Q What type of practices has your company implemented in light of COVID-19? Do you expect to continue these for the duration of the year?
A We've asked the team members to work from home that can work from home. Some of that will continue. We're providing masks and hand sanitizer for our delivery, office and warehouse employees. We've changed how will-call business is conducted at our locations.
We've stepped up our cleaning regimens to CDC guidance. Most of these practices will continue as long as they are recommended. Some will become permanent.
Q Have you cut back on the number of daily deliveries to your customers? By how much?
A We have not for the most part. One location of ours in a highly populated city did alter its delivery schedule, but otherwise we have mostly kept the same service schedule. We did not over commit ourselves before this, and that made it easier for us to maintain a consistent presence.
Q Do you expect to return to your pre-pandemic delivery schedule?
A Yes. The question we have for the urban distribution center is when do we go back to what we were doing before. We don't have that answer yet.
Q Do you expect any tire supply difficulties in the second half of the year?
A It's tough to say. On one hand, we're seeing some issues now with tires coming on a similar frequency as before, but that seems to be more logistics related than capacity or inventory.
Some of the slowdown in production in Asia might influence this. OE greatly impacts the replacement market. So any drop in OE demand creates surplus inventories and that might offset any shortages later this year. It will depend on new vehicle sales, most likely.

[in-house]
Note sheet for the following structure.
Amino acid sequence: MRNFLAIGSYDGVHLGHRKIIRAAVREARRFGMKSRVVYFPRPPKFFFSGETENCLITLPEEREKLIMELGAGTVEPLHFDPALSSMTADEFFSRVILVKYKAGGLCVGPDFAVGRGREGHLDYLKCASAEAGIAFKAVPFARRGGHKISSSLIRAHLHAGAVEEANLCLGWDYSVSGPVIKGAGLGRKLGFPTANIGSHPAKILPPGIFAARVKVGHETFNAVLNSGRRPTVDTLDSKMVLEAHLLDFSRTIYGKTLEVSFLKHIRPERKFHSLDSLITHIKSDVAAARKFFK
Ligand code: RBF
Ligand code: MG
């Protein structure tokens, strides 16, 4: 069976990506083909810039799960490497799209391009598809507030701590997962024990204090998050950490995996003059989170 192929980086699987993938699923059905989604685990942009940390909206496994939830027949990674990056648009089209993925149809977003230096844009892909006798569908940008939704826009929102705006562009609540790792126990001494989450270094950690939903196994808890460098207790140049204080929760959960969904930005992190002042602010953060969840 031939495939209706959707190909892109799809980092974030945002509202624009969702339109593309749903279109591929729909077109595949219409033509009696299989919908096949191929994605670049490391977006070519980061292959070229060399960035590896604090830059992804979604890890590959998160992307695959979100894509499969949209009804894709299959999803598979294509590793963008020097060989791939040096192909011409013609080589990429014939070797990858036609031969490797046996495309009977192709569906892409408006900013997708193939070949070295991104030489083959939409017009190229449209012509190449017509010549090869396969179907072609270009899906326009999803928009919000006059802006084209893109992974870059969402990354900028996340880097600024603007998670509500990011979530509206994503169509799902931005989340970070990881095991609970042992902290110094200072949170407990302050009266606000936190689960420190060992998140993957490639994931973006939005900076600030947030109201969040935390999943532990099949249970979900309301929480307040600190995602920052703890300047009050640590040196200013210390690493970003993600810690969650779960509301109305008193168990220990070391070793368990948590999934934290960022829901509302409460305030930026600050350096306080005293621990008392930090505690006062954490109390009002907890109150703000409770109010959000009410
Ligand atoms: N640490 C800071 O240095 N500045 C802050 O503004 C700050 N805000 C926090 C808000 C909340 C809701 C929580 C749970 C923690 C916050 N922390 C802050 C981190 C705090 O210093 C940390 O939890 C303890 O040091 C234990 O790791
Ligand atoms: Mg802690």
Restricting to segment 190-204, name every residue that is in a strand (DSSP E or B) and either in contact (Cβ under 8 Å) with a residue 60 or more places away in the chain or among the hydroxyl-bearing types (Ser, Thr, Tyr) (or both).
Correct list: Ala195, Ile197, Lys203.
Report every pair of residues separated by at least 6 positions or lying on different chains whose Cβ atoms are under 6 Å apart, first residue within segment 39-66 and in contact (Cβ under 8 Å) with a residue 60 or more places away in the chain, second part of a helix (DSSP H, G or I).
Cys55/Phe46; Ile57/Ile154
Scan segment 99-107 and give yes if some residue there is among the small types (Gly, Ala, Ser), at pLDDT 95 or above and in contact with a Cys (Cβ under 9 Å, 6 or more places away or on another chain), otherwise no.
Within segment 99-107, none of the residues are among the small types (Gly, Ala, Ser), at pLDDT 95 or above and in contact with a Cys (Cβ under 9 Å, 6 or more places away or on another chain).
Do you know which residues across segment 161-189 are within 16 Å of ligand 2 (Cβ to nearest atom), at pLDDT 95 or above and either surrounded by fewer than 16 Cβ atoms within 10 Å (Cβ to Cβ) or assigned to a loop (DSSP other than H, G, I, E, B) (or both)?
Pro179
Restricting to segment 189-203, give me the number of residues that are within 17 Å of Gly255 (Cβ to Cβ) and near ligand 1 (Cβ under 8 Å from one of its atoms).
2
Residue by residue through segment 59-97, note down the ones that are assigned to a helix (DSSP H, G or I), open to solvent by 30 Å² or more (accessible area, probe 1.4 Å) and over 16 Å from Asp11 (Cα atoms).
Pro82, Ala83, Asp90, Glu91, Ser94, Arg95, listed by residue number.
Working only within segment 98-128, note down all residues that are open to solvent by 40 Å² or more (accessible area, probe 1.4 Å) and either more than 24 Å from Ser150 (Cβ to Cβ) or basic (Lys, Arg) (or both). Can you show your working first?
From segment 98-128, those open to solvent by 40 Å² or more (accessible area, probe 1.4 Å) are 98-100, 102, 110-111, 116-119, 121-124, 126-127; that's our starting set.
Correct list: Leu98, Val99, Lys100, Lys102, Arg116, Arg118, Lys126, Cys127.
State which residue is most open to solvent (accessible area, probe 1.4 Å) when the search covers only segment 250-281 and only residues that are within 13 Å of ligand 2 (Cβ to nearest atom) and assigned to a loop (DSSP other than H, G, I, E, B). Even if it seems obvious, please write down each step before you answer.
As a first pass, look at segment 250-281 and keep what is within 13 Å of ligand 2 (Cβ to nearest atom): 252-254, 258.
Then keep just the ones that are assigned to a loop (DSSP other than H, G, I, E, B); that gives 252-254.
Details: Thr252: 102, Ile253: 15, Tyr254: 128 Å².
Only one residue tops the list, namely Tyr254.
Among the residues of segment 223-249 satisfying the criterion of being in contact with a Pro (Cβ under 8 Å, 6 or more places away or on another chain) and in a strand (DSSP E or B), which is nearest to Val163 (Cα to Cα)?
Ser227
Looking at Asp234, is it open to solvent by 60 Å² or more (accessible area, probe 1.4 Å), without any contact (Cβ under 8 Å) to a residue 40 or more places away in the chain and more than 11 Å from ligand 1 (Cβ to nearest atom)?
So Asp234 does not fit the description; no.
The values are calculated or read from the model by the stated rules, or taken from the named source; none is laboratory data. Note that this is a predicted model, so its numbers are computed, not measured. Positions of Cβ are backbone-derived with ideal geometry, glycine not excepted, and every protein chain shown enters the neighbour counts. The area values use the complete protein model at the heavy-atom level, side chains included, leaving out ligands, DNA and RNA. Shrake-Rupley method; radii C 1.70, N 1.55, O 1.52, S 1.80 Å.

Q The USW has petitioned for antidumping and countervailing duties on passenger and light truck tires made in South Korea, Taiwan, Thailand and Vietnam. What is Zurcher Tire's reaction to that?
A Production in America is important, but I don't think imports from these countries rising is related to anything other than a shift in production from China. These aren't units that were in America in 2018, and now they are in those countries instead of China.
The tariffs pushed these units into those countries, and there is nothing to support that these countries are subsidizing production of tires the way China was. I understand protecting manufacturing in America, but tariffs are never the answer. Smoot-Hawley (Tariff Act) taught us this lesson in 1930. Tariffs only hurt the American people.
Q How might additional duties impact the industry?
A They will cause price increases through each channel of the industry. They might shift more production to other countries not listed in the petition. Short term, we might see some brands in America pick up, but long term the producers will try to find ways to lower their input costs. That means not producing in the most expensive countries.
Q What kind of trends are you seeing in the wholesale business for the rest of the year? How is Zurcher Tire reacting to them?
A Technology continues to be an important piece of the wholesale industry. We are working on some exciting ways to make it easier to do business with Zurcher Tire. We're increasing levels of automation in our computer systems and trying to remain a resource for our dealer base.
Q What tire sectors look to be strong? What sectors are struggling?
A Consumer continues to be lower than we expected. Commercial tires and construction are fine now. We'll be closely monitoring commercial and construction tires in the second half. That will give us a barometer for 2021.
Agriculture is essential. America must eat. So we look for ag tires to be consistently in demand. We might just continue to see farmers look at alternative brands for value options.